The mental health crisis
Dakota Theriot is only 21, and will probably never see another day of freedom after his arrest last week on charges of killing five people in South Louisiana – including his parents. While law enforcement labeled Theriot a “monster,” Advocate columnist James Gill wonders what might have been if Louisiana had not made such drastic cuts to mental health care during the past decade.  

Dakota Theriot needed help, and five people are dead after state authorities did not, or could not, provide it. Anybody who came in contact with him lately could see he was going to lose it one day. Mental health care is lacking all over the country, but particularly so in Louisiana, yet another legacy of the fiscal disaster that was the Bobby Jindal administration. … It had been obvious, perhaps for as long as three years before he allegedly murdered five people, that Dakota Theriot was too crazy to be left at large. Even our bare-bones system provides long-term care for the most desperate cases, and Theriot clearly qualified.


What if poor people united?  
The first step in addressing poverty, Jarvis DeBerry writes in his latest column, is a willingness to discuss it openly. That’s not easy in a nation where politicians have become expert at dividing groups of people who could have real power if they ever united.

When I asked (The Rev. William) Barber if a general reluctance to use the word poor helps explain resistance to a Poor People’s Campaign, he said he and his co-chair, the Rev. Liz Theoharis, were encouraged to think about a word other than “poor” when resurrecting King’s campaign. “People said we might not want to call it that,” Barber said. Imagine that: trying to address a problem you won’t even name. … Segregation, (Dr. Martin Luther) King said in a 1965 speech, is what the poor white man in the South got instead of decent wages. “And when his wrinkled stomach cried out for the food that his empty pockets could not provide, he ate Jim Crow, a psychological bird that told him that no matter how bad off he was, at least he was a white man, better than the black man.”


Taxing the rich is not radical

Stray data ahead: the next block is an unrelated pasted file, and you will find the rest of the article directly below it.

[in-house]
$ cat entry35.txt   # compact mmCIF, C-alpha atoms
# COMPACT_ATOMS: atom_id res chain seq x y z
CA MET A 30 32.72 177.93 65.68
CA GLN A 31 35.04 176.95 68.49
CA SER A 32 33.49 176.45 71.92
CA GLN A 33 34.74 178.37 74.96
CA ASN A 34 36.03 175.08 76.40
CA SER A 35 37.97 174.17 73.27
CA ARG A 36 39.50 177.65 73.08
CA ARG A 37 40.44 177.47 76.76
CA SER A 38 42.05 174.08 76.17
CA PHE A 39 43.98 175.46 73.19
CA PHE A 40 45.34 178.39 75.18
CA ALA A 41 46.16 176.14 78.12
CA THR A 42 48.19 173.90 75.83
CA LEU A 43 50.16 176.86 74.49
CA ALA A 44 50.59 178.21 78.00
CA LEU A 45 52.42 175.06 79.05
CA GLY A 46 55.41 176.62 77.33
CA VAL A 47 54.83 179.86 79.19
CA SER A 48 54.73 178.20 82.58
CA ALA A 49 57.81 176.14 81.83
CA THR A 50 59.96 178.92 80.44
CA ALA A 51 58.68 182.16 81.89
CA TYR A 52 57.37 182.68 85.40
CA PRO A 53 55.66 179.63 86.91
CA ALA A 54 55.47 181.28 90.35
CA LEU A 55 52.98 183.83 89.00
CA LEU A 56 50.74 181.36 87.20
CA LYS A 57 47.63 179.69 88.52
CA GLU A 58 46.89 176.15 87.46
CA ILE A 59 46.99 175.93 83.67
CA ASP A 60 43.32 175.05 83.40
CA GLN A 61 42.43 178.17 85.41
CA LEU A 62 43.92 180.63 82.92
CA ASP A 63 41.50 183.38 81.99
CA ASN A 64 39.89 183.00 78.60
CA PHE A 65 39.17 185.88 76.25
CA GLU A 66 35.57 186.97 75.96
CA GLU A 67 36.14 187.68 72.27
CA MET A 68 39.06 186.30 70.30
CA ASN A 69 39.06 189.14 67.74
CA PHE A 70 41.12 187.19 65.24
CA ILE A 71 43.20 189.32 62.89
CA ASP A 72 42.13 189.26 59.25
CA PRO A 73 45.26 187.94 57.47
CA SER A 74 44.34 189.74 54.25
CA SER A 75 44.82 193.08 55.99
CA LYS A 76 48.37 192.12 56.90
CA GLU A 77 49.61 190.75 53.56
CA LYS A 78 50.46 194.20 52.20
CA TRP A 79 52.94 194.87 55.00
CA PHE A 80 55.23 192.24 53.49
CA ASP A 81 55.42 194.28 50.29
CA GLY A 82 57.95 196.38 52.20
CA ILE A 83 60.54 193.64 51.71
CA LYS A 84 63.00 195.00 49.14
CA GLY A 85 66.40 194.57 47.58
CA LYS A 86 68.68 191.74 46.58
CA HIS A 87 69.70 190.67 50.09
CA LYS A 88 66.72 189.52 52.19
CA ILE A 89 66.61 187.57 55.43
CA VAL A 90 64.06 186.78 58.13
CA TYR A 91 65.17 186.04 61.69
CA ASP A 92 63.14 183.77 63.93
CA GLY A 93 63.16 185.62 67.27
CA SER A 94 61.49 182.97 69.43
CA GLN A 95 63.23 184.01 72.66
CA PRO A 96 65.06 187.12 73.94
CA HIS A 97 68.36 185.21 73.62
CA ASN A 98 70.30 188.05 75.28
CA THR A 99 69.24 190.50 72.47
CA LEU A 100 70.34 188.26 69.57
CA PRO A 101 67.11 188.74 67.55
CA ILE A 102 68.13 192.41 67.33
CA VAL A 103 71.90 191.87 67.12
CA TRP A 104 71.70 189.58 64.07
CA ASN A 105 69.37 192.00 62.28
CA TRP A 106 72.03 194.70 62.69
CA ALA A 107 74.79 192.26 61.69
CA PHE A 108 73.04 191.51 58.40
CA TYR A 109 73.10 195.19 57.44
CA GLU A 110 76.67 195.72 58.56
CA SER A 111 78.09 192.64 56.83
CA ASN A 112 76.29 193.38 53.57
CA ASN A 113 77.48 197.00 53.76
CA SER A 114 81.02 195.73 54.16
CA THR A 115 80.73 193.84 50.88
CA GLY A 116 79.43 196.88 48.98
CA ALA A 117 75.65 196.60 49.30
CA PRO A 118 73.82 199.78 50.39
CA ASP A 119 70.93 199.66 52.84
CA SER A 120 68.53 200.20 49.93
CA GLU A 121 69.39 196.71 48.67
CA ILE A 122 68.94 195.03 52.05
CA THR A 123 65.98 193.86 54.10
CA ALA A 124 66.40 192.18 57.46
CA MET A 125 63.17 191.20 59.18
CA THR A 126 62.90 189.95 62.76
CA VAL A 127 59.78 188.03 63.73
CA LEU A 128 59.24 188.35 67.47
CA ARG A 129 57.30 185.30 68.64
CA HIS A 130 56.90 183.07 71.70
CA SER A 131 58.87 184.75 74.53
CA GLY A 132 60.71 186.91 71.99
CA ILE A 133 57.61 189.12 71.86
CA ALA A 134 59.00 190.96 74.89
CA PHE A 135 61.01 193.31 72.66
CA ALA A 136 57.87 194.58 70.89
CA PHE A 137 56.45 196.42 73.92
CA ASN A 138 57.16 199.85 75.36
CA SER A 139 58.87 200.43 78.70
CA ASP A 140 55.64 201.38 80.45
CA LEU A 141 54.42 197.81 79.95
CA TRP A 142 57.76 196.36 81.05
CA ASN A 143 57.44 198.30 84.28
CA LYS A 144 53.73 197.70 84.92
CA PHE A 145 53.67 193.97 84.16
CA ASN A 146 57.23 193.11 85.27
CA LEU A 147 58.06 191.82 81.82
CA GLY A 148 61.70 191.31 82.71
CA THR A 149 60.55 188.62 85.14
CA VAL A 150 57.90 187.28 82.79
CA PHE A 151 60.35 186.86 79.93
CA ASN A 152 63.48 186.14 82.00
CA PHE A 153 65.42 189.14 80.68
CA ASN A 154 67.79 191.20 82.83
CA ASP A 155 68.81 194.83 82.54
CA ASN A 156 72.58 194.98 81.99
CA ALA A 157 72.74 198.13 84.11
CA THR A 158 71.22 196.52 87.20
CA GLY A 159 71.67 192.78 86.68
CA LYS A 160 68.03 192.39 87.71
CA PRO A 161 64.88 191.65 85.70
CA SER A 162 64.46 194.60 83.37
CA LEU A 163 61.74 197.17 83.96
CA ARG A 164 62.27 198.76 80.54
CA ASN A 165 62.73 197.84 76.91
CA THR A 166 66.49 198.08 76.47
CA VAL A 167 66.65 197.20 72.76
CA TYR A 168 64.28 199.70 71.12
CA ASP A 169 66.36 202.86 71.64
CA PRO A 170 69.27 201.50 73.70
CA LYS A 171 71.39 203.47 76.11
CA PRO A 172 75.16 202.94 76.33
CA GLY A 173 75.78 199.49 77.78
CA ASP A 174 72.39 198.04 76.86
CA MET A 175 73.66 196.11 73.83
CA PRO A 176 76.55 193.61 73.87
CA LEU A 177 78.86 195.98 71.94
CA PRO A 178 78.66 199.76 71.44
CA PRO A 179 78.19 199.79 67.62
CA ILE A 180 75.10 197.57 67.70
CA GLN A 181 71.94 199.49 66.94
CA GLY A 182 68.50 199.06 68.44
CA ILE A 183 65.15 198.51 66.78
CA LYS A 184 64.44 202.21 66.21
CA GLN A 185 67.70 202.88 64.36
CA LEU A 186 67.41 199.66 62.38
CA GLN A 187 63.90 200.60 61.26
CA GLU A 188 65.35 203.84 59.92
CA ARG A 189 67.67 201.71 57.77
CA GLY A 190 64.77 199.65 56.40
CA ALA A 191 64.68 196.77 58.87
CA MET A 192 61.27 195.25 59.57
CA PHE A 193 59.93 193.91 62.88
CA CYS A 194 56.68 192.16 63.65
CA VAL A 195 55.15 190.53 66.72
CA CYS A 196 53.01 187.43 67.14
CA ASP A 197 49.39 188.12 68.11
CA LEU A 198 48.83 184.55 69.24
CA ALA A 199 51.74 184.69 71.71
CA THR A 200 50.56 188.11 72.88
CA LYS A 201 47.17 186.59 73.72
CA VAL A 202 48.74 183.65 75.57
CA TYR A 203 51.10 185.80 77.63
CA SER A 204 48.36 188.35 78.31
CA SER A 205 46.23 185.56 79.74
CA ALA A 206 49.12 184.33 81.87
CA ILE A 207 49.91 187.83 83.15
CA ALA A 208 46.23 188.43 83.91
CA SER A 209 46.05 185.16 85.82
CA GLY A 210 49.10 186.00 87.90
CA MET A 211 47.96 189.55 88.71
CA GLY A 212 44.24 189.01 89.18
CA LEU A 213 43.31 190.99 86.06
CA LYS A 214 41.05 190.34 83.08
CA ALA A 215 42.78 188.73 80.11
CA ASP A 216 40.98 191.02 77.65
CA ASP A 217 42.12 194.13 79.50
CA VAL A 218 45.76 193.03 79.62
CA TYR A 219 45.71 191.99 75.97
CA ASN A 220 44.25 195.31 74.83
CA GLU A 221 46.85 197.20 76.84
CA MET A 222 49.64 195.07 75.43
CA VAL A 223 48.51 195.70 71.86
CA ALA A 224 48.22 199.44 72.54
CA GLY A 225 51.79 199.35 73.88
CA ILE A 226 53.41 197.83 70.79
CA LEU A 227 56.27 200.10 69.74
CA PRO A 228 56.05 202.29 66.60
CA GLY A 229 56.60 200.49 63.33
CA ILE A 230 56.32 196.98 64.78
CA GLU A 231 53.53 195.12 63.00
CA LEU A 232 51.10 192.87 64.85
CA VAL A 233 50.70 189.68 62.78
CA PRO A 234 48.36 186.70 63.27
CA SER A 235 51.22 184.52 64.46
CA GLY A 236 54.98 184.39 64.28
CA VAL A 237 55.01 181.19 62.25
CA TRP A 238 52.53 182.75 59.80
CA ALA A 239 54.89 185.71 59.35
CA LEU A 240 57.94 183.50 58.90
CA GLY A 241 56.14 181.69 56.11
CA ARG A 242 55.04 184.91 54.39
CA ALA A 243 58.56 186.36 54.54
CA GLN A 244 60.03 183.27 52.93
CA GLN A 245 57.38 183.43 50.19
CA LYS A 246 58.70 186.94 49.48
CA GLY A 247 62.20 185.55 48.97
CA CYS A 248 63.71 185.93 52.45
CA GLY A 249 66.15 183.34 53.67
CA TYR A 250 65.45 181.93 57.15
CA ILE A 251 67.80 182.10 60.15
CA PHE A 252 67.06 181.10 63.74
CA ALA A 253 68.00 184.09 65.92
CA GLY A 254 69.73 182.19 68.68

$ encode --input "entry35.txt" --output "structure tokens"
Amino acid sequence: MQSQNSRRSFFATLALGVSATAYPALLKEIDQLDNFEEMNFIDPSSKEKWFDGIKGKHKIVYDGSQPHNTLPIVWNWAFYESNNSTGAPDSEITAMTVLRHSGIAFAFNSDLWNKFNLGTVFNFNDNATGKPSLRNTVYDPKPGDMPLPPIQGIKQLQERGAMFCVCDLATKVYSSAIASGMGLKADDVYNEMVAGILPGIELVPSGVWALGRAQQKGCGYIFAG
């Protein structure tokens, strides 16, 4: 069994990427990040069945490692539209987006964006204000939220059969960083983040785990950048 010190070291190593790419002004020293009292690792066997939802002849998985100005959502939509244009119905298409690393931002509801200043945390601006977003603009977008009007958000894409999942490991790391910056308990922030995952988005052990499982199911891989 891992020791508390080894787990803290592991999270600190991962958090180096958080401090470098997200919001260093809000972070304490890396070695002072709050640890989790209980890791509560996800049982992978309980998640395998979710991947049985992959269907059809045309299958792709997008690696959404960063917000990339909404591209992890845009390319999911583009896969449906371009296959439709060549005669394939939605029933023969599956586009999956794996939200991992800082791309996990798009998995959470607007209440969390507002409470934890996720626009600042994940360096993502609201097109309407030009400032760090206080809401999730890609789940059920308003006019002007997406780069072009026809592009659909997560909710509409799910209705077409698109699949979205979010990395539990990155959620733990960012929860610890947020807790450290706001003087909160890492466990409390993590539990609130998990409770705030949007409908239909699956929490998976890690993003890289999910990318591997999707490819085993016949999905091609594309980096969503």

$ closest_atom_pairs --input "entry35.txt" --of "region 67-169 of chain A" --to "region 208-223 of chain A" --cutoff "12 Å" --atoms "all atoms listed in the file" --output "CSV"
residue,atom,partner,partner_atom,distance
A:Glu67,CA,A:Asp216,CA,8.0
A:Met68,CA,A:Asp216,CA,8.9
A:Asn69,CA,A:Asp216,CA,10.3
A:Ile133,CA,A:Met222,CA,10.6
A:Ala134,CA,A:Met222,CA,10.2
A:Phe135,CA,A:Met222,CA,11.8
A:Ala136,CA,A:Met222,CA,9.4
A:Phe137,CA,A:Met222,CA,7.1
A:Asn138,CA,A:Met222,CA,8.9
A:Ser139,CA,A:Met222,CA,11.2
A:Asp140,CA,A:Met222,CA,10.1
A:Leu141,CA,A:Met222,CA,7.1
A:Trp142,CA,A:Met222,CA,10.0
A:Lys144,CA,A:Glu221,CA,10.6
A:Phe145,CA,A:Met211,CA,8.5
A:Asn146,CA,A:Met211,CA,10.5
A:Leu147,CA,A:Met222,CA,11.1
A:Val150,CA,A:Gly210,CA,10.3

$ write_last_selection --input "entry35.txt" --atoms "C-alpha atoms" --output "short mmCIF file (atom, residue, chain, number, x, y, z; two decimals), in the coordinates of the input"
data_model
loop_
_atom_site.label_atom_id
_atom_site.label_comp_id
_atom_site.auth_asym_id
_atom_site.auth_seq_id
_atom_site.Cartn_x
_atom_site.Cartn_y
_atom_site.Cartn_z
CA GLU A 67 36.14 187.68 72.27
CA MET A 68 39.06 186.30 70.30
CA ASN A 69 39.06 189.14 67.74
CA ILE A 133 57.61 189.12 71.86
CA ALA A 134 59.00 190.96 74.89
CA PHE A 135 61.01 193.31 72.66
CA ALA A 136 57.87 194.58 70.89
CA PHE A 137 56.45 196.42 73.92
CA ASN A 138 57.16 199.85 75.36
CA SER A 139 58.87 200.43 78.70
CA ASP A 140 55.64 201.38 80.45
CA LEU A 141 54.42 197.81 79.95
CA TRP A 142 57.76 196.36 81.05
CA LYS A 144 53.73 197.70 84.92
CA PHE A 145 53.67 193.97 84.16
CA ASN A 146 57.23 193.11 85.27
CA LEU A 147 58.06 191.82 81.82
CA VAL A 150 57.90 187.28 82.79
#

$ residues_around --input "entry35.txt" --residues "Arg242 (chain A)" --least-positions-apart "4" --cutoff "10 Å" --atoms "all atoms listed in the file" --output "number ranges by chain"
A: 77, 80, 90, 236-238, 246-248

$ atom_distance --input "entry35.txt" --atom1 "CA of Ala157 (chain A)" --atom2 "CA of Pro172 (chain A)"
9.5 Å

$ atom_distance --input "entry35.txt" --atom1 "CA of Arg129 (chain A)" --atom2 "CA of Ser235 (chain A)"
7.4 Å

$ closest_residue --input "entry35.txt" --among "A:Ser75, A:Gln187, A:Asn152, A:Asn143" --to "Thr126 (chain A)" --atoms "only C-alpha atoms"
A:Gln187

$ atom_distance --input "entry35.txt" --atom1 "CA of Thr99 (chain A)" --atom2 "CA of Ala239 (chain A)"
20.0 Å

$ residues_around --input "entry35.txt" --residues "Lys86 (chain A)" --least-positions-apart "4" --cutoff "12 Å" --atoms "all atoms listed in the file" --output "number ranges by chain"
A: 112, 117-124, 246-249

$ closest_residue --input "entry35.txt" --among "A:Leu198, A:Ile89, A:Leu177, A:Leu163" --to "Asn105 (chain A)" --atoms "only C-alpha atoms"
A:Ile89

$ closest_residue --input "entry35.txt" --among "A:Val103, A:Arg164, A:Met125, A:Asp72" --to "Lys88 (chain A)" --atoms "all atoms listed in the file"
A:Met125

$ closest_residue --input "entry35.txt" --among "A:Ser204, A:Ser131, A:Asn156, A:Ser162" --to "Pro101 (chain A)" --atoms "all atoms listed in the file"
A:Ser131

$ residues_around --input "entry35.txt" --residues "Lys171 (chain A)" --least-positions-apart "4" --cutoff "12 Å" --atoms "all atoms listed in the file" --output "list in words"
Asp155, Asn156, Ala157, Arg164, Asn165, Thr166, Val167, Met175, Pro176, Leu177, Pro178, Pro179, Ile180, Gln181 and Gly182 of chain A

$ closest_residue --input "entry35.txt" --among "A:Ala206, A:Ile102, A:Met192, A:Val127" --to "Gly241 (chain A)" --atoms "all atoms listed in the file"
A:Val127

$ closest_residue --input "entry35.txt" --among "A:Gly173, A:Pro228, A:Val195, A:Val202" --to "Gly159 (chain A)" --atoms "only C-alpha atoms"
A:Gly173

A lot of the talk among progressives lately has centered on proposals to “tax the rich” — either by raising the top marginal tax rate, boosting the inheritance tax or establishing a new annual “wealth” tax. Doing so would help reduce the yawning federal budget deficit. It would also reduce the economic inequality that has accelerated in recent years. Critics says such tax policies are “radical.” But The New York Times’ David Leonhardt disagrees, and believes taxing wealth could be key to preserving American democracy.

In the face of these trends, the radical response is to do nothing — or to make inequality even worse, as President Trump’s policies have. It’s radical because soaring inequality is starting to threaten the basic fabric of American life. Many people have grown frustrated and cynical. Average life expectancy, amazingly, has fallen over the past few years. … The proposals (to change this) also happen to be popular, broadly speaking. On social issues, like abortion and immigration, the country is deeply divided. But clear majorities support higher taxes on the wealthy, higher taxes on corporations, more education funding and expanded government health insurance. No wonder: Americans don’t resent success, but they do resent not receiving their fair share of economic growth.


Number of the Day
$15,000 – Increase in annual earnings for a typical middle-class family, after taxes, if their pay had kept pace with economic growth since the late 1970s. (Source: The New York Times)